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A harpoon, the second of three engineering experiments for capturing space junk, was successfully fired last week.
A British satellite released from the International Space Station last year has successfully demonstrated a harpoon that could be used on future missions to clean up space debris, officials announced Friday.
The harpoon fired out of the RemoveDebris spacecraft Feb. 8, striking a target plate extended from the satellite on a 4.9-foot (1.5-meter) boom. The experiment was one of the main objectives of the $17 million (15.2-million-euro) RemoveDebris mission, conceived as a testbed for technologies engineers hope will allow future satellites to tidy up busy orbital traffic lanes by collecting dead satellites and rockets and driving them back into Earth’s atmosphere to burn up.
In a dramatic video released by Surrey Satellite Technology Ltd., the harpoon is seen catapulting out of the RemoveDebris spacecraft at a velocity of about 45 mph — 20 meters per second — and spearing its target. A cable attached to the harpoon kept the device from flying off and becoming its own piece of space junk.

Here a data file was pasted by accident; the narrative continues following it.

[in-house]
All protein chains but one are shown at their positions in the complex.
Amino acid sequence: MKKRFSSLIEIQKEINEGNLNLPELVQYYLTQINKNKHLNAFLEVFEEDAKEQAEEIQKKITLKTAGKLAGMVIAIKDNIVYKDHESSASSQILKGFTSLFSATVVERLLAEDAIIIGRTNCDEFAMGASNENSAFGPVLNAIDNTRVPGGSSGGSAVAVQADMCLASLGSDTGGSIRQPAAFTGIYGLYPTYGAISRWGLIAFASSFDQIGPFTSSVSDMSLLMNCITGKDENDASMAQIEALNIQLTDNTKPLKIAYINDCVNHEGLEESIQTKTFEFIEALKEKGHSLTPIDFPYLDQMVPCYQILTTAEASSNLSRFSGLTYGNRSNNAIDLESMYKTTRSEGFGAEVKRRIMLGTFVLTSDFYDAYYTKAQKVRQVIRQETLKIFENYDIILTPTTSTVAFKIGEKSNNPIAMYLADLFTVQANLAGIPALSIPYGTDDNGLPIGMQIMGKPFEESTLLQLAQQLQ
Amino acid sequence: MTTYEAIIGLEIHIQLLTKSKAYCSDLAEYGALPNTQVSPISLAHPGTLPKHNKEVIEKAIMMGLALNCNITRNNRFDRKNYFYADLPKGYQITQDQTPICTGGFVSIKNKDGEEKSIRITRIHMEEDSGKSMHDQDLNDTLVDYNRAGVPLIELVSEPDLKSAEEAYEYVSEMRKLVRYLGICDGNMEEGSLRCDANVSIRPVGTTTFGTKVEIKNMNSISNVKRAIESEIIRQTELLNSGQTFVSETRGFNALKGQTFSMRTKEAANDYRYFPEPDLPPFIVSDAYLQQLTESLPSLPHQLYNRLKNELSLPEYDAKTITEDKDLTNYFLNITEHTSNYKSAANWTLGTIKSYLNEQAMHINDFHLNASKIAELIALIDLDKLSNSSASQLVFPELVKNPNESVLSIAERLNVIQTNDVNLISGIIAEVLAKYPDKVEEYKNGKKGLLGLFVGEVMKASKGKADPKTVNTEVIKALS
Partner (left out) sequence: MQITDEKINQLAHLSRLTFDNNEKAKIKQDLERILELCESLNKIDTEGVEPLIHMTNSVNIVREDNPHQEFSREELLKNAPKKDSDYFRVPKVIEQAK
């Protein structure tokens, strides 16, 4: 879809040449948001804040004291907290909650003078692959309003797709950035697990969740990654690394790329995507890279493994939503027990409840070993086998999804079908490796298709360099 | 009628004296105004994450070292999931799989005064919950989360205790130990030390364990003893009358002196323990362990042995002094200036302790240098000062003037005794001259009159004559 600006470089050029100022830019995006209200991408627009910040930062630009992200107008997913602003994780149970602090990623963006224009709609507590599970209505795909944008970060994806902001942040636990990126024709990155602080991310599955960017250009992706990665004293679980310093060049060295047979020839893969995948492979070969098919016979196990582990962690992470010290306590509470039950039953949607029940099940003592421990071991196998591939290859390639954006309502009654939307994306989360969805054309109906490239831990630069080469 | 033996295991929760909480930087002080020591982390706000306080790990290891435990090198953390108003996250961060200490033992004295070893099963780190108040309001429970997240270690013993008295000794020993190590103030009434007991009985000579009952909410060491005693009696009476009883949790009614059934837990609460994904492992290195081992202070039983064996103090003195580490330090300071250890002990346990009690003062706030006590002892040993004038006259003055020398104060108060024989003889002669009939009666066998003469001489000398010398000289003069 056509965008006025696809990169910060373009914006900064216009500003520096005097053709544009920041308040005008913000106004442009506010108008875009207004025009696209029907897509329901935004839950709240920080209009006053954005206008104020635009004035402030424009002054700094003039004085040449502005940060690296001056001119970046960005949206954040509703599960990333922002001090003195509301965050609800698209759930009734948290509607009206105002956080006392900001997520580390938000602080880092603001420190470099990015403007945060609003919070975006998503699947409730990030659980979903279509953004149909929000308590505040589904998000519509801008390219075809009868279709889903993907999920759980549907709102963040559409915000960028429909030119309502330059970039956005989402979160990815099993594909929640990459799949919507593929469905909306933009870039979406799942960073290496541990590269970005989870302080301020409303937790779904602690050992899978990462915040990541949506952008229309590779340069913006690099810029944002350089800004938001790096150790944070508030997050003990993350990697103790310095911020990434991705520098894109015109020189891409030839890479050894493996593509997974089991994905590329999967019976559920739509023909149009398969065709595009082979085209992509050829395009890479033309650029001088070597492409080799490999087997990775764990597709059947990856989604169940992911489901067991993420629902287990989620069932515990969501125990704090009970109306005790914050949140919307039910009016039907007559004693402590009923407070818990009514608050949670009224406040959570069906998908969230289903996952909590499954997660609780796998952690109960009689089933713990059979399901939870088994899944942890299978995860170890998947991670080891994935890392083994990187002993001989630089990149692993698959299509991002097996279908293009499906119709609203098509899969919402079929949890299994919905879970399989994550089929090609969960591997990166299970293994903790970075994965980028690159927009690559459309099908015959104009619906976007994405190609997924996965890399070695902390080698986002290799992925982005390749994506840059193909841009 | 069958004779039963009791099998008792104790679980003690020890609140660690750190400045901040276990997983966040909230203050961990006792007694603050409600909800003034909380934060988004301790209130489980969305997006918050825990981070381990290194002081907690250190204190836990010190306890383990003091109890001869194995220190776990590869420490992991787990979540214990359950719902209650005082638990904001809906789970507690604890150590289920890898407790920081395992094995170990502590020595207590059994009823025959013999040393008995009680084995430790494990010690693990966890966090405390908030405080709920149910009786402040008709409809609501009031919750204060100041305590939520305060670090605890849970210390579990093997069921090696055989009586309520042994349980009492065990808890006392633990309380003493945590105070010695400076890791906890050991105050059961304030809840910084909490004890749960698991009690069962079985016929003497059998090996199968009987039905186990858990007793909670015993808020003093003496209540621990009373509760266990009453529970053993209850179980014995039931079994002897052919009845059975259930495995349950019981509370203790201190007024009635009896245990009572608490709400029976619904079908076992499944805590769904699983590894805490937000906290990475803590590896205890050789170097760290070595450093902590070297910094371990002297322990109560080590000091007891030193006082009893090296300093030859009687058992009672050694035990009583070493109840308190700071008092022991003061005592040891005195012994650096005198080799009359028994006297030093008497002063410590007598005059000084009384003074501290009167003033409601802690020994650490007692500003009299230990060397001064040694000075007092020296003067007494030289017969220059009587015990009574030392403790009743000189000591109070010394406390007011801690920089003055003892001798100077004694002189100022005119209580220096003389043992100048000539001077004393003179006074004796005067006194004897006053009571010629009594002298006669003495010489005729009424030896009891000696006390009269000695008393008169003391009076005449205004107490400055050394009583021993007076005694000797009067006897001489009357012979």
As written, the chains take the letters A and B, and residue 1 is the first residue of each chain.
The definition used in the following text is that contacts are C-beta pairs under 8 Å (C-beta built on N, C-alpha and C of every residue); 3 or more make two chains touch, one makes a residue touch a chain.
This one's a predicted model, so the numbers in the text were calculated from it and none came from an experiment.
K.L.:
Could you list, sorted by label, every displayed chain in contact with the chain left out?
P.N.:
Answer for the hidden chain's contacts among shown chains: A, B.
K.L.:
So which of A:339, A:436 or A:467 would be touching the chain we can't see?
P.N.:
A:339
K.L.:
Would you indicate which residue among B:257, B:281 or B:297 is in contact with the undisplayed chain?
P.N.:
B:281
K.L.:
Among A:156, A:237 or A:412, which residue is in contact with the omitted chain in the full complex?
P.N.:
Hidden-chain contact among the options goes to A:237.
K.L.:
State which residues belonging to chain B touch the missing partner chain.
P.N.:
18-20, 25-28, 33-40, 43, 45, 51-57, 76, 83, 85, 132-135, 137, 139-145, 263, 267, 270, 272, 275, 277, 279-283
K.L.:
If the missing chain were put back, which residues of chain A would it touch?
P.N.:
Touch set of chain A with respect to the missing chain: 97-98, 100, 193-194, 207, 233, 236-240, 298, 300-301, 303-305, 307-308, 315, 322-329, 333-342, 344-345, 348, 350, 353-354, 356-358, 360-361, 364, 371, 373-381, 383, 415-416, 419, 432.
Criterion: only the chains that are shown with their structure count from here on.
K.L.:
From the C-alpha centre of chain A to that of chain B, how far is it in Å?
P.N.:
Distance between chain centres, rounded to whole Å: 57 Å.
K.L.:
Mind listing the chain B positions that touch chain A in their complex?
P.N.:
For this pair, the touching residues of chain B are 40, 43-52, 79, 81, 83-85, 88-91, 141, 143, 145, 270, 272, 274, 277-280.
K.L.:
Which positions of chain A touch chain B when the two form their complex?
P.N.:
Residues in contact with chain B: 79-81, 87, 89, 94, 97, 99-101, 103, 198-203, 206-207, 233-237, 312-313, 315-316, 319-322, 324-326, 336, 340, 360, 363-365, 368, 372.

The first experiment was a test of a net, tested successfully in September. The last of the three experiments, scheduled in a month, will test a sail designed to slow the satellite’s speed so that it gets de-orbited quickly.
I have embedded the video of the harpoon test below the fold.